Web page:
Crude oil prices may technically be in a new bull market, but like John Candy and Steve Martin in the movie Planes, Trains, and Automobiles, gasoline prices in the United States are going the wrong way. The chart below compares the change in the national average price of gasoline so far this year to the way prices tend to track in an ‘average’ year going back to 2005. According to AAA, the national average price of a gallon of gas has declined to $1.826 per gallon, which translates to a YTD decline of 8.5% already in 2016. In a typical year, prices at the pump are flat to modestly higher at this point.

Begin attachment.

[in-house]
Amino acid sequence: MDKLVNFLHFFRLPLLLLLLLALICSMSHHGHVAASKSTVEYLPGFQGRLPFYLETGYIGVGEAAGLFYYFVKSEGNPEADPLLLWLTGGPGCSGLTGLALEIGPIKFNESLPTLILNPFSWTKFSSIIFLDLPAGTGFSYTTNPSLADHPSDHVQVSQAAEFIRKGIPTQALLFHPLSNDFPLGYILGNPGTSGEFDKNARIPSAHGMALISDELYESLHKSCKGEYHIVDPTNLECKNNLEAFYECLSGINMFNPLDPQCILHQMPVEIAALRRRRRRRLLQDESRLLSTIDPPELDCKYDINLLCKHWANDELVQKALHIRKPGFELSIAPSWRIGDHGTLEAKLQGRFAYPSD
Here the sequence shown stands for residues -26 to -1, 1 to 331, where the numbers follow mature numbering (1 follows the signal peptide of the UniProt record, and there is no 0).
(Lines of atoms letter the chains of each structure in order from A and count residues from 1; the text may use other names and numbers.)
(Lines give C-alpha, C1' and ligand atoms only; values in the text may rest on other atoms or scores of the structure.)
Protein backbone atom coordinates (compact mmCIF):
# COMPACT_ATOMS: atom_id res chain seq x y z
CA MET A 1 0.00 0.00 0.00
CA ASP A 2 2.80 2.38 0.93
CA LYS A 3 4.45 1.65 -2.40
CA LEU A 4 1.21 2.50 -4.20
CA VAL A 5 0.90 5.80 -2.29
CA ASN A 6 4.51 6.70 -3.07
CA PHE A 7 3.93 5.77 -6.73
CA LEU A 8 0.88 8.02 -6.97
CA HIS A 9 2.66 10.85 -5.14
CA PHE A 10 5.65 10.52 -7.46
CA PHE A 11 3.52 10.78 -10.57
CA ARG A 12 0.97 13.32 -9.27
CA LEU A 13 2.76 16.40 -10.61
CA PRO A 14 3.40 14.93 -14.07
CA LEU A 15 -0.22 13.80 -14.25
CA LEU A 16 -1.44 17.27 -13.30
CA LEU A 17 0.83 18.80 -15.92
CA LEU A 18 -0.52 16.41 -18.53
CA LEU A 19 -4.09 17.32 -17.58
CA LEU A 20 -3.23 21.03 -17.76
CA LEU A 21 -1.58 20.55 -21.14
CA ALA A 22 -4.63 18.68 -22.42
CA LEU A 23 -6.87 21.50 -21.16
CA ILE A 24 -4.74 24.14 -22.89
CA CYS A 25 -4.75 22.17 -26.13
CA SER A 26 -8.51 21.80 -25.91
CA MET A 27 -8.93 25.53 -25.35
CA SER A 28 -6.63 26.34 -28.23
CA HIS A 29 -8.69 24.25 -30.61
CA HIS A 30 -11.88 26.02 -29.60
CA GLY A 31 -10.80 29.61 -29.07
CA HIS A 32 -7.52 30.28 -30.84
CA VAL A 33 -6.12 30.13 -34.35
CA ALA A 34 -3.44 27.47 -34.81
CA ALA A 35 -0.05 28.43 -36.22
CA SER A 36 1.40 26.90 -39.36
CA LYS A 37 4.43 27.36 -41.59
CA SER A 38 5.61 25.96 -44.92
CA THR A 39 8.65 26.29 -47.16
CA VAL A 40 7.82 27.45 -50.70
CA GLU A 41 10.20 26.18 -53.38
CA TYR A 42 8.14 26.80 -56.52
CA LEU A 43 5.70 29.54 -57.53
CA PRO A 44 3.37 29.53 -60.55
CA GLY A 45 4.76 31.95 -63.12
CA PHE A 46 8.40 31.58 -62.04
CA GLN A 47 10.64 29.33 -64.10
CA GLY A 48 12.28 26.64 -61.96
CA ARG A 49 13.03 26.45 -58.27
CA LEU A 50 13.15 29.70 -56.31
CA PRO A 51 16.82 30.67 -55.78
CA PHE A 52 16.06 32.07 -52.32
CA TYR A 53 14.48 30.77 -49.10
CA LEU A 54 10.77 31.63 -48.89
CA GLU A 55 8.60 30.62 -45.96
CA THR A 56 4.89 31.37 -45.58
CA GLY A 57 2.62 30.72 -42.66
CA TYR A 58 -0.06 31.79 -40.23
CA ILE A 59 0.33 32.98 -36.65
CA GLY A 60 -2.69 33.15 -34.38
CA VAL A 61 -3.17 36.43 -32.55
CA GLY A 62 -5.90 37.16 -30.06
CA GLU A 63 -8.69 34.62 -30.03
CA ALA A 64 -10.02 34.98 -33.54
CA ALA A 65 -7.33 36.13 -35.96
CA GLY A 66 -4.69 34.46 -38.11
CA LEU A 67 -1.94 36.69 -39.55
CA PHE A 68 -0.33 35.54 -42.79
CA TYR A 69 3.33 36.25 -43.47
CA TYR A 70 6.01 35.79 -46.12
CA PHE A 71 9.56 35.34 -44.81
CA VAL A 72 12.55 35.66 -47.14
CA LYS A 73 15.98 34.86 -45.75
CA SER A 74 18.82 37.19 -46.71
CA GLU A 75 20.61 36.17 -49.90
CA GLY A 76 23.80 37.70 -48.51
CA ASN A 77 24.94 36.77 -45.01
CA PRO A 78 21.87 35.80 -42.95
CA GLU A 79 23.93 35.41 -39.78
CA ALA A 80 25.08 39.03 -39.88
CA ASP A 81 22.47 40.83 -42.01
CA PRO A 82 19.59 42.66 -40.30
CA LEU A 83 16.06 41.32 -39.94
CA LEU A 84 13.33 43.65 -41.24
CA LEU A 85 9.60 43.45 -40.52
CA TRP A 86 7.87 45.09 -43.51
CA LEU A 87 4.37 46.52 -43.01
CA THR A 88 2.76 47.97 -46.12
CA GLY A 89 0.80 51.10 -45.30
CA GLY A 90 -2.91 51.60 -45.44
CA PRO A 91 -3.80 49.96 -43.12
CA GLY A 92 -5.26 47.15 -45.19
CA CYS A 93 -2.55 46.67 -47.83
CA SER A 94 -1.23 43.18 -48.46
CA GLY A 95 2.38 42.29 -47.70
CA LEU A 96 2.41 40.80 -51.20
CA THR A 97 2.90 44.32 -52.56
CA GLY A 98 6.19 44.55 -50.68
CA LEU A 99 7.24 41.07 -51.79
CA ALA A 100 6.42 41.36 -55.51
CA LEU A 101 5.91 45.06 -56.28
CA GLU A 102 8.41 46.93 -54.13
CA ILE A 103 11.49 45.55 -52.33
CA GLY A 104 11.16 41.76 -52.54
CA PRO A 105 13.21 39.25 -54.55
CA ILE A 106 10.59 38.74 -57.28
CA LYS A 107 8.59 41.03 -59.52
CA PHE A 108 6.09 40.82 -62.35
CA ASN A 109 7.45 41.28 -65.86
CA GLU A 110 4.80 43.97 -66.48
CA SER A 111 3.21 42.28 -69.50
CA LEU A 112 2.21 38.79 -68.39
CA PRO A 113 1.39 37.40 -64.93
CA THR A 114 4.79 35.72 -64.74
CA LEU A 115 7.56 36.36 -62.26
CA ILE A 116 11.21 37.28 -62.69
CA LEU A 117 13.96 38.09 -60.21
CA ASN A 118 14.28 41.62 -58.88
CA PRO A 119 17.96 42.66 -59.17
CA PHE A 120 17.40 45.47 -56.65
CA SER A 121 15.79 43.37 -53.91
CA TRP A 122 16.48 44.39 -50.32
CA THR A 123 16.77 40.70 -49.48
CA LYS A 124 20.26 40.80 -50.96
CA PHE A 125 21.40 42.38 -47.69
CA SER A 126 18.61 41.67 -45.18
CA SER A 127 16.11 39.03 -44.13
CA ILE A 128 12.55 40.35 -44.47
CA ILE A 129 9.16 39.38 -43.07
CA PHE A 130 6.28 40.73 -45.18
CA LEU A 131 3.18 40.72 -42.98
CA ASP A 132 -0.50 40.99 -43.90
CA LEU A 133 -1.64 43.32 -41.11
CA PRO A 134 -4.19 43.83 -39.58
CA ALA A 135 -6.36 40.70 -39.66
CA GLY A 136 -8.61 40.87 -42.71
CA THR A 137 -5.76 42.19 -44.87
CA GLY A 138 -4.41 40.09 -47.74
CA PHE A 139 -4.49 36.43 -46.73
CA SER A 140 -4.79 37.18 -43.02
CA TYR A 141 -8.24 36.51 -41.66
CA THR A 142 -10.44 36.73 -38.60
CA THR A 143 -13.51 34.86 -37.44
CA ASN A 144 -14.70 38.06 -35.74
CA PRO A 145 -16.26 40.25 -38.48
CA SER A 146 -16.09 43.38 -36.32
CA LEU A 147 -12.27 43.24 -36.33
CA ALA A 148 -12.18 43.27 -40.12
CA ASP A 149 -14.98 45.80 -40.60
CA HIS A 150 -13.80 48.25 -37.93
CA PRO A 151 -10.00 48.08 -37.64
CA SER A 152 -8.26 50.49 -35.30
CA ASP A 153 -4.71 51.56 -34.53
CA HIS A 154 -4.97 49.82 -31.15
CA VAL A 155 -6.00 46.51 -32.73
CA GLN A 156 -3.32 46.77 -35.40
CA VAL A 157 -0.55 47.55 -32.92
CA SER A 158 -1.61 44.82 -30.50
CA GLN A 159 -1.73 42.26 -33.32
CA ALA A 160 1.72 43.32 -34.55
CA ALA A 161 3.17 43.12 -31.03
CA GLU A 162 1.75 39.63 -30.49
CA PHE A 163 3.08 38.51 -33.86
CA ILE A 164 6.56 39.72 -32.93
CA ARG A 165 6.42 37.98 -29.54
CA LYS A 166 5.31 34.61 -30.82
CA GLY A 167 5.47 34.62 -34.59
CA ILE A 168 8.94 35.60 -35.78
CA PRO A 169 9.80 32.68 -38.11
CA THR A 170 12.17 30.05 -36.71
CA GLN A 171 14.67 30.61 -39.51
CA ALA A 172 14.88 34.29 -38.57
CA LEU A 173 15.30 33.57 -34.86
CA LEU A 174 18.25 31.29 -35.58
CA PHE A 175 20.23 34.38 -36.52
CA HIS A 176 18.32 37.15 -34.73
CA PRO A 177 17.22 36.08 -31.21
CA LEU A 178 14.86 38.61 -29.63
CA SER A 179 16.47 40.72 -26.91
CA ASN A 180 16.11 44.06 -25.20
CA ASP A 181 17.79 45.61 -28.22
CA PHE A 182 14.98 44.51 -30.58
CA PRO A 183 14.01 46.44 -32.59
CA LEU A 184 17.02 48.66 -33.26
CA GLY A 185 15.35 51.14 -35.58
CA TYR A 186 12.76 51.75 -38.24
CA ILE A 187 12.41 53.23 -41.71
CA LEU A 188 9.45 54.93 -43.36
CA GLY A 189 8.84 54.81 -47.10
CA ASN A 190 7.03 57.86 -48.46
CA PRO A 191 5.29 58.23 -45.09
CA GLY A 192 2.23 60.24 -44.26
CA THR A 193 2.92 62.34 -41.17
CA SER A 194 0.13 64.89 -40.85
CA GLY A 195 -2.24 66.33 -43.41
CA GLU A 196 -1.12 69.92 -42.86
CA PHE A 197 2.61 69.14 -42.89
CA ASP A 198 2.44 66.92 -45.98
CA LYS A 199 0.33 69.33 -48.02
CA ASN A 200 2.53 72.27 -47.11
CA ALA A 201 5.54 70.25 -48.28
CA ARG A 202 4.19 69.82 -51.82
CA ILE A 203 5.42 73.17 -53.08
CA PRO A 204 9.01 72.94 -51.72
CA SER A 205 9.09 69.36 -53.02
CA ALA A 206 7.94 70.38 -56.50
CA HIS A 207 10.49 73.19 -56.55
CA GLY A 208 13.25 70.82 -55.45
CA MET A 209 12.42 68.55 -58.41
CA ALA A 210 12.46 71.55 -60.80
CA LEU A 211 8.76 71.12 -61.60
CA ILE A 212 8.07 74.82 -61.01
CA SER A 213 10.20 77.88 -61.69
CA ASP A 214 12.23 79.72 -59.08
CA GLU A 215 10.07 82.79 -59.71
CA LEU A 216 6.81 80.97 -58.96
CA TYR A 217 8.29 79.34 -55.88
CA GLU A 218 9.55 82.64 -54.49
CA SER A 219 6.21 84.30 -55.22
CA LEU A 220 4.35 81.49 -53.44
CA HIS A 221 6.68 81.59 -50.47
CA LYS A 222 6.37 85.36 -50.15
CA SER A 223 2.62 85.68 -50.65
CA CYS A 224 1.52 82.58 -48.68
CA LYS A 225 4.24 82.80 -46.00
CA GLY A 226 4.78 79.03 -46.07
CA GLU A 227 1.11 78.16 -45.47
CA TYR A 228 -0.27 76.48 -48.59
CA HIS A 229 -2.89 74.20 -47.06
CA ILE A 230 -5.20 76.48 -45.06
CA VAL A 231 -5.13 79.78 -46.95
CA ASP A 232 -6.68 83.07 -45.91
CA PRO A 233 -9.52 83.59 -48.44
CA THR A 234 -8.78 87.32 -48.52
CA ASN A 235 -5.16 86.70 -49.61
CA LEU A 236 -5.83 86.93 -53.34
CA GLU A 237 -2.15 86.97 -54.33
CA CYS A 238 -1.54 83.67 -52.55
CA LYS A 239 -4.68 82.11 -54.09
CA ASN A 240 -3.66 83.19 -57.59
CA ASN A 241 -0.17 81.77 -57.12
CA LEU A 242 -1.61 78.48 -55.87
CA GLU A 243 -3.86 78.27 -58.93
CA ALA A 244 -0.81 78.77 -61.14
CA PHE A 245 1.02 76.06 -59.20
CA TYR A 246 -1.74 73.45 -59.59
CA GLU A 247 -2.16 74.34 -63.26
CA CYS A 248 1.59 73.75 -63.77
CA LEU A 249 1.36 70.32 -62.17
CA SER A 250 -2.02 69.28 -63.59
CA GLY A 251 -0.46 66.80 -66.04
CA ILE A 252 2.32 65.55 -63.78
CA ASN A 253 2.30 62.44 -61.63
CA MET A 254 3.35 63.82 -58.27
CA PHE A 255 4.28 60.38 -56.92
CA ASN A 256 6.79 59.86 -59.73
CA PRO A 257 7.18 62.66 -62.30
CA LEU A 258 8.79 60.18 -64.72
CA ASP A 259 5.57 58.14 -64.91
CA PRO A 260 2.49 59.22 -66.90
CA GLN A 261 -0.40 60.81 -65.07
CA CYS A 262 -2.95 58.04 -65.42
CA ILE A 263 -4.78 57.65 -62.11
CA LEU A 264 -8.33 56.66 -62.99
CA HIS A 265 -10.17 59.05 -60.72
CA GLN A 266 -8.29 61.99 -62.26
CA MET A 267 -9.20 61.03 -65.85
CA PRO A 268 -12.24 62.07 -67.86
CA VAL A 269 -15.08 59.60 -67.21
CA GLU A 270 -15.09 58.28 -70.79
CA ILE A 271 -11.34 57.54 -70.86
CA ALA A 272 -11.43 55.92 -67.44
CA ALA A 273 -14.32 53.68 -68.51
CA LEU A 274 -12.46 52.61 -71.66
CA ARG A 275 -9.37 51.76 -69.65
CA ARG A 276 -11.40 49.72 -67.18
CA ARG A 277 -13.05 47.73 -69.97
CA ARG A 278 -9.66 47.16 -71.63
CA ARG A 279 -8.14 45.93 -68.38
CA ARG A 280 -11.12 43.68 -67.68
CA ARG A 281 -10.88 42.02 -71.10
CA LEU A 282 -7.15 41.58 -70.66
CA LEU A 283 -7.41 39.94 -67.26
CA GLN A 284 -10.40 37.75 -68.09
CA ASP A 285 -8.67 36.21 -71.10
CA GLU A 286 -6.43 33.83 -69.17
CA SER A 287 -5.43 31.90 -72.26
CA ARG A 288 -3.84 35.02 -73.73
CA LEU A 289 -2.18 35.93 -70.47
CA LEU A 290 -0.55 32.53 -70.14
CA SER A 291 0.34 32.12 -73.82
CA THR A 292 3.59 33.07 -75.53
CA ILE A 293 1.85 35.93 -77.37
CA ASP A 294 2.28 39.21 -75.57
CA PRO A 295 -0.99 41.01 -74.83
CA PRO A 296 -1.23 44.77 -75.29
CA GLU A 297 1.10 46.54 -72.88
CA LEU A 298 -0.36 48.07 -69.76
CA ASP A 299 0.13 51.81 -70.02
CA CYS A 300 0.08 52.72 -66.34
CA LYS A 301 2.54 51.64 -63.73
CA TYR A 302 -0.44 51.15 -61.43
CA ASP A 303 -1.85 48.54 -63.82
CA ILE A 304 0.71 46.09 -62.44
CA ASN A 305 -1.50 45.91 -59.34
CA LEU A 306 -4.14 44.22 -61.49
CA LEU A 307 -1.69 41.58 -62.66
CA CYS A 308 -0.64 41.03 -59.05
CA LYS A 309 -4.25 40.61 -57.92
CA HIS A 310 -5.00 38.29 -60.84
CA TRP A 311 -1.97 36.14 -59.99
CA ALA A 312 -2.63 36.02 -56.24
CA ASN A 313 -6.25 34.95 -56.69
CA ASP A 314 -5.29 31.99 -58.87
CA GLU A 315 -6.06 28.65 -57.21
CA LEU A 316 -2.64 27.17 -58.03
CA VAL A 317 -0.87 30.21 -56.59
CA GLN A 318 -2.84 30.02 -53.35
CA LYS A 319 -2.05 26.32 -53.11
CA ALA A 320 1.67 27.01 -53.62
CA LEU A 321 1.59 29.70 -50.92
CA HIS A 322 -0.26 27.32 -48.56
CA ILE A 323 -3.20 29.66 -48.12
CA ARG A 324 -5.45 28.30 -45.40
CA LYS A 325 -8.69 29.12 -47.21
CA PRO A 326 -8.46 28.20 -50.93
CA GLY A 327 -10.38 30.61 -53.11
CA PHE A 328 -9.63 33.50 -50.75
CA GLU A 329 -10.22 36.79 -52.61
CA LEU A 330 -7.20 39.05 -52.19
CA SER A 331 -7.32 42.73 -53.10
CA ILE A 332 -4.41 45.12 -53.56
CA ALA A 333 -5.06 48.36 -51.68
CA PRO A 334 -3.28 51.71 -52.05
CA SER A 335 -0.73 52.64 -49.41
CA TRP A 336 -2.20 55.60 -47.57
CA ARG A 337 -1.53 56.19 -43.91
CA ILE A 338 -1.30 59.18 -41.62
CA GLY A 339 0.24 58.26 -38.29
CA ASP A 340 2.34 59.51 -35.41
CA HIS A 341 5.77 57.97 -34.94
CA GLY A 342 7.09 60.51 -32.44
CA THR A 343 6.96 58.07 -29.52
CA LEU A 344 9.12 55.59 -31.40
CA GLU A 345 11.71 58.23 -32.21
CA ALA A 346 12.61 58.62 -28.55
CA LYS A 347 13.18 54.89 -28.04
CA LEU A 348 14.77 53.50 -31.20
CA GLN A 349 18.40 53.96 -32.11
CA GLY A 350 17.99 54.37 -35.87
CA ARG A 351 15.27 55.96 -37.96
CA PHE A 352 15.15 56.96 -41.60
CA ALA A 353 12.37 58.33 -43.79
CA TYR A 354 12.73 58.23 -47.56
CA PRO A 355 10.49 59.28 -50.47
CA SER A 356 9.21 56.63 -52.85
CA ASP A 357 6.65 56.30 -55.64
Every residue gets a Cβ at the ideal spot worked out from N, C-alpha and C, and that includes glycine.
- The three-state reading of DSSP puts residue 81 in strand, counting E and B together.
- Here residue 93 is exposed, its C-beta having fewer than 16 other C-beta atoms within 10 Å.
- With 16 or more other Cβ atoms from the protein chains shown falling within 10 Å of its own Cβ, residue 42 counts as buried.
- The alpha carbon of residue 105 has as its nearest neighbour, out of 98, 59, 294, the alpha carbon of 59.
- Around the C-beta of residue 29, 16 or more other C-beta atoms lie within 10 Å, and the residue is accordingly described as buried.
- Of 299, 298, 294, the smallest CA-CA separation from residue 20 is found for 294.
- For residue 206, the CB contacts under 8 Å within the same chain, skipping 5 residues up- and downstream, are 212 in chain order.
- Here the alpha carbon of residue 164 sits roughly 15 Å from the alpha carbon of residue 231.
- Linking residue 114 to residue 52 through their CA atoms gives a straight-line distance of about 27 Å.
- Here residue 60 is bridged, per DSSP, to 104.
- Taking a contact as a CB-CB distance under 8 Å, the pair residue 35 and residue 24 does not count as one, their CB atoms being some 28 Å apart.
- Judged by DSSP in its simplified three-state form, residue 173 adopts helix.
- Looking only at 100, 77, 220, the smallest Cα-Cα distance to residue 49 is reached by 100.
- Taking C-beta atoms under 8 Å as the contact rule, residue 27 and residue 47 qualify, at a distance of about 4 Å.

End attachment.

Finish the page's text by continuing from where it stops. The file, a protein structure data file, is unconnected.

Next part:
The table to the right shows the YTD change in gas prices this year compared to this point in prior years since 2005. While prices are usually up on the year at this point, 2016 marks the third straight year that prices have started out on a downbeat note. In fact, last year’s 9.2% decline through 1/25 was the steepest drop in the first 25 days of the year since the time series begins in 2005. Not only have the starts of the last few years been bad for gas prices, but the entire year has been bad. The chart below shows the historical y/y change in the national average price of a gallon of gas going back to 2005. Prices are currently down 10.2% versus this point last year, and they have been down on a year-over-year basis for more than a year and a half. That’s an even longer stretch of y/y declines than we saw during the financial crisis! Compared to this point two years ago, prices are now down more than 44%.